I arrived just before she began the shooting portion of the class, and she was nervous. The course of fire required shooting 30 rounds from 3, 5, and 7 yards. I was standing behind her while she shot and, once finished with the 3-yard string, she put the gun down and said: “This one is so much easier to shoot than the other.” There is enough difference in recoil between the 9mm and the .30 SC that my wife, unsolicited, made the immediate observation upon shooting it for the first time.
My wife continued on through the course of fire until she fired all 30 rounds. My only input was “slow down!” because she wanted to blaze away at the target. When the shooting qualification of the test was over, she scored 293 out of 300 points. She was thrilled. To be clear, my wife does not go shooting with me and isn’t interested in guns as a hobby. However, she did say just before we left the range: “If we went to the range and we had this gun with us, I would shoot it.” That’s a ringing endorsement coming from her. Up until now, the only pistol she liked to shoot was a suppressed .22 semiauto that she thinks is a blast.
This Is a Big Deal
My quest to find a self-defense pistol for my wife spans our entire marriage. She has seen and handled every appropriate pistol I’ve evaluated since I started writing for gun magazines many moons ago and has been interested in none of them until now. The first thing she does when I hand her one (once she’s checked to make sure it’s unloaded) is pull the slide to the rear and lock it in place. This disqualifies most semiauto pistols immediately because she has to wrestle with them to make it happen. Revolvers suffer a similar fate when she works through the double action.
There are a few reasons she likes this pistol. The first thing she noticed was how easy it was to lock the slide to the rear. This is a signature feature of the M&P EZ pistols, and it’s noticeable. Another feature my wife liked was the grip safety. She’s not a gun enthusiast, so this intuitive and unobtrusive safety is something she likes. As mentioned above, the .30 SC chambering is the star of this show. While my wife liked the M&P EZ in 9mm, she loves it in .30 SC.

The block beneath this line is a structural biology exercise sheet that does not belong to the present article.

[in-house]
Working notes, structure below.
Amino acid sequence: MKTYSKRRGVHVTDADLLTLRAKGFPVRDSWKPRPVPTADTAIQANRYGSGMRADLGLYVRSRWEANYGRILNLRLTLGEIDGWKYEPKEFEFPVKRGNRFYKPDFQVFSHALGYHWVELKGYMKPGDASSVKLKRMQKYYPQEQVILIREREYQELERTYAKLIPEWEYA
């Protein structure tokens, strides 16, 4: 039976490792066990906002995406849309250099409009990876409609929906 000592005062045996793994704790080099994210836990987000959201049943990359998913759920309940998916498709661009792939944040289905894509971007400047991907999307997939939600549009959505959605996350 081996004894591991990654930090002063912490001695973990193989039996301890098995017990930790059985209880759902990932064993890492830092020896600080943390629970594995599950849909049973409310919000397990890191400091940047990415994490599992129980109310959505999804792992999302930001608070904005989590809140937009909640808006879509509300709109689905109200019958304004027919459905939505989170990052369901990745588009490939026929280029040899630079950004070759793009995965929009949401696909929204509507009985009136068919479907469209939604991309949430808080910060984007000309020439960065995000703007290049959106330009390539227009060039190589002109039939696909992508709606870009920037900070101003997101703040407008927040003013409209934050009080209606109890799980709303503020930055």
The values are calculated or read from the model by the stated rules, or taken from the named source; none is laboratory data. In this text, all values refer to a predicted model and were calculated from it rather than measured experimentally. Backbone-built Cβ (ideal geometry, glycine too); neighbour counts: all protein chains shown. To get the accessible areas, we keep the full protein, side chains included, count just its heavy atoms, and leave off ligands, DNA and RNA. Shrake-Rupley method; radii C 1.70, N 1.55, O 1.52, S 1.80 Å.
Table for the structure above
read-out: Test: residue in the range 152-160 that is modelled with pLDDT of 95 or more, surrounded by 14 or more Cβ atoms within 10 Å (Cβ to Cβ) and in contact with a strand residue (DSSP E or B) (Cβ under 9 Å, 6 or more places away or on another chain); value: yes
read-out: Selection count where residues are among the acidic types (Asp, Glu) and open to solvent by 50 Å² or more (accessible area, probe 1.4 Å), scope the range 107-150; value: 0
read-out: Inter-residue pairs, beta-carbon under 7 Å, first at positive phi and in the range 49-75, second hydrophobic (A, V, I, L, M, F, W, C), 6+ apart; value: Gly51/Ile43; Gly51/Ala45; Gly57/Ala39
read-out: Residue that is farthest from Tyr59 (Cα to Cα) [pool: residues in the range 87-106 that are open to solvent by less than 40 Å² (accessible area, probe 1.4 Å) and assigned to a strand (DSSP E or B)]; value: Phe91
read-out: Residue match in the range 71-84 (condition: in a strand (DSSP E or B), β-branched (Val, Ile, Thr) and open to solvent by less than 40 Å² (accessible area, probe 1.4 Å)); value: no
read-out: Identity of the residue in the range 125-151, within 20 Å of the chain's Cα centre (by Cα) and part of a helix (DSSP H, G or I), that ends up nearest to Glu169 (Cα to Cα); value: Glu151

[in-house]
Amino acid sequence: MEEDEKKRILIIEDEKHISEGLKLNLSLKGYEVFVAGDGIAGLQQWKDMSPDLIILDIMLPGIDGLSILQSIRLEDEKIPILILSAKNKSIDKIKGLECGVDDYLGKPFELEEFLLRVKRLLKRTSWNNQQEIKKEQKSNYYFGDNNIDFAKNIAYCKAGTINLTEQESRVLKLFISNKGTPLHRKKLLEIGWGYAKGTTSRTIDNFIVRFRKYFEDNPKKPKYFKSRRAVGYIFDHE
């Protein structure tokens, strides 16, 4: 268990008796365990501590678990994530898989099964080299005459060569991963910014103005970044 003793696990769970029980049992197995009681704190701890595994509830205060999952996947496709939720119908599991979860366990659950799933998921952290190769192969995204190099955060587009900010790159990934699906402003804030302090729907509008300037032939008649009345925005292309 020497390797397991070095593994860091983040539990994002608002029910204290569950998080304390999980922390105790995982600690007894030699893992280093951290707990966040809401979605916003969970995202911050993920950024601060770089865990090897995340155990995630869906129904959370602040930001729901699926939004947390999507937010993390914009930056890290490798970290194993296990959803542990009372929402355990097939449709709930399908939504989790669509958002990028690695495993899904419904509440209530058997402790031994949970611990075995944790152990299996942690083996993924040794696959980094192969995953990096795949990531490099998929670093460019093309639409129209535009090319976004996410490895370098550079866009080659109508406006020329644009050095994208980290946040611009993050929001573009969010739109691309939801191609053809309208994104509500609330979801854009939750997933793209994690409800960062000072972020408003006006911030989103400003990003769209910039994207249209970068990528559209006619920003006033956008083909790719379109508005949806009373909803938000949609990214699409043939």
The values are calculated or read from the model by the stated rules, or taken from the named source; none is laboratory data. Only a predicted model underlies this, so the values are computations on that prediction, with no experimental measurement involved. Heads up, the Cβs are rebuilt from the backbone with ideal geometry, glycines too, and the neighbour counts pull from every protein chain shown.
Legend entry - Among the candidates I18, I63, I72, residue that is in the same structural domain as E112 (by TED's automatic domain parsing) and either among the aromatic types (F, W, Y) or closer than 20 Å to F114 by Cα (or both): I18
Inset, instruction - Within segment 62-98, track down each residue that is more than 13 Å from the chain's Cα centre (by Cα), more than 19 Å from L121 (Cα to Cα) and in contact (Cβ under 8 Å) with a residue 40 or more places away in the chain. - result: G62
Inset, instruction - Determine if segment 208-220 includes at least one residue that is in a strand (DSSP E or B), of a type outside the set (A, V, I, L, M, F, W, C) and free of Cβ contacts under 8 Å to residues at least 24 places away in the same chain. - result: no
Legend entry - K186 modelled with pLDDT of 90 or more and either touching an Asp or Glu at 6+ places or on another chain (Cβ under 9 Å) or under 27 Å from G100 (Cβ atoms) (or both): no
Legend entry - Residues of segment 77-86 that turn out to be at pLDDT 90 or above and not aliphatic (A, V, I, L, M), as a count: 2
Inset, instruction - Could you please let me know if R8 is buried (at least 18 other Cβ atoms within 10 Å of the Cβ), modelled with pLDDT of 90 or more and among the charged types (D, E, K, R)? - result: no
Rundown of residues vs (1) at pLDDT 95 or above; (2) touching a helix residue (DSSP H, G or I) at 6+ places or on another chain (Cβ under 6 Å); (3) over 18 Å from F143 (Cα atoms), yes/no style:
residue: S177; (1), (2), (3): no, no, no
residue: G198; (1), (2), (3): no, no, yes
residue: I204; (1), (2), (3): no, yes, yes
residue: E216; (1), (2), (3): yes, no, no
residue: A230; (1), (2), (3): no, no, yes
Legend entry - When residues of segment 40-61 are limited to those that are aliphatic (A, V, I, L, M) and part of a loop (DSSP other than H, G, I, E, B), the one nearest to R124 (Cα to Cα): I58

I get asked regularly by friends and family alike what gun I recommend for self-defense. My answer varies from one individual to the next based on needs and stated desires. The M&P EZ in .30 SC gets my first pick for new and casual shooters, which is also the biggest shooting demographic out there.
No pistol is easier to load, handle, and shoot than this one. Those neighbors I mentioned earlier in the article? Both the husband and wife want to shoot the pistol seen here because of my wife’s testimonial. They watched her go through the class with it and talked to her about it when class was over. I stayed out of the discussion because I wanted to see what would happen. Now, I’ve got three new converts, one of whom represents the end of lengthy and frustrating search.
If you, too, know of a new or casual shooter interested in self-defense, I highly recommend the S&W M&P Shield EZ in .30 Super Carry. Sure, it’s a new caliber, and no one knows how it will fare in the future. I’ve already bought one gun and will likely pick up a second just because I like the little cartridge. I expect my wife’s experience will not go unnoticed by other shooters and that the enthusiasm for the .30 SC ensures a long life.
M&P Shield EZ Specifications
- Type: Striker-fired semiauto
- Cartridge: .30 Super Carry
- Capacity: 10+1 Rds.
- Barrel: 3.675 In.
- Overall Length: 6.8 In.
- Weight: 1.3 Lbs.
- Grips: Polymer
- Sights: Metal, white dot
- Trigger: 5.2 Lbs.
- Finish: Matte Black
- MSRP: $521
- Manufacturer: Smith & Wesson, smith-wesson.com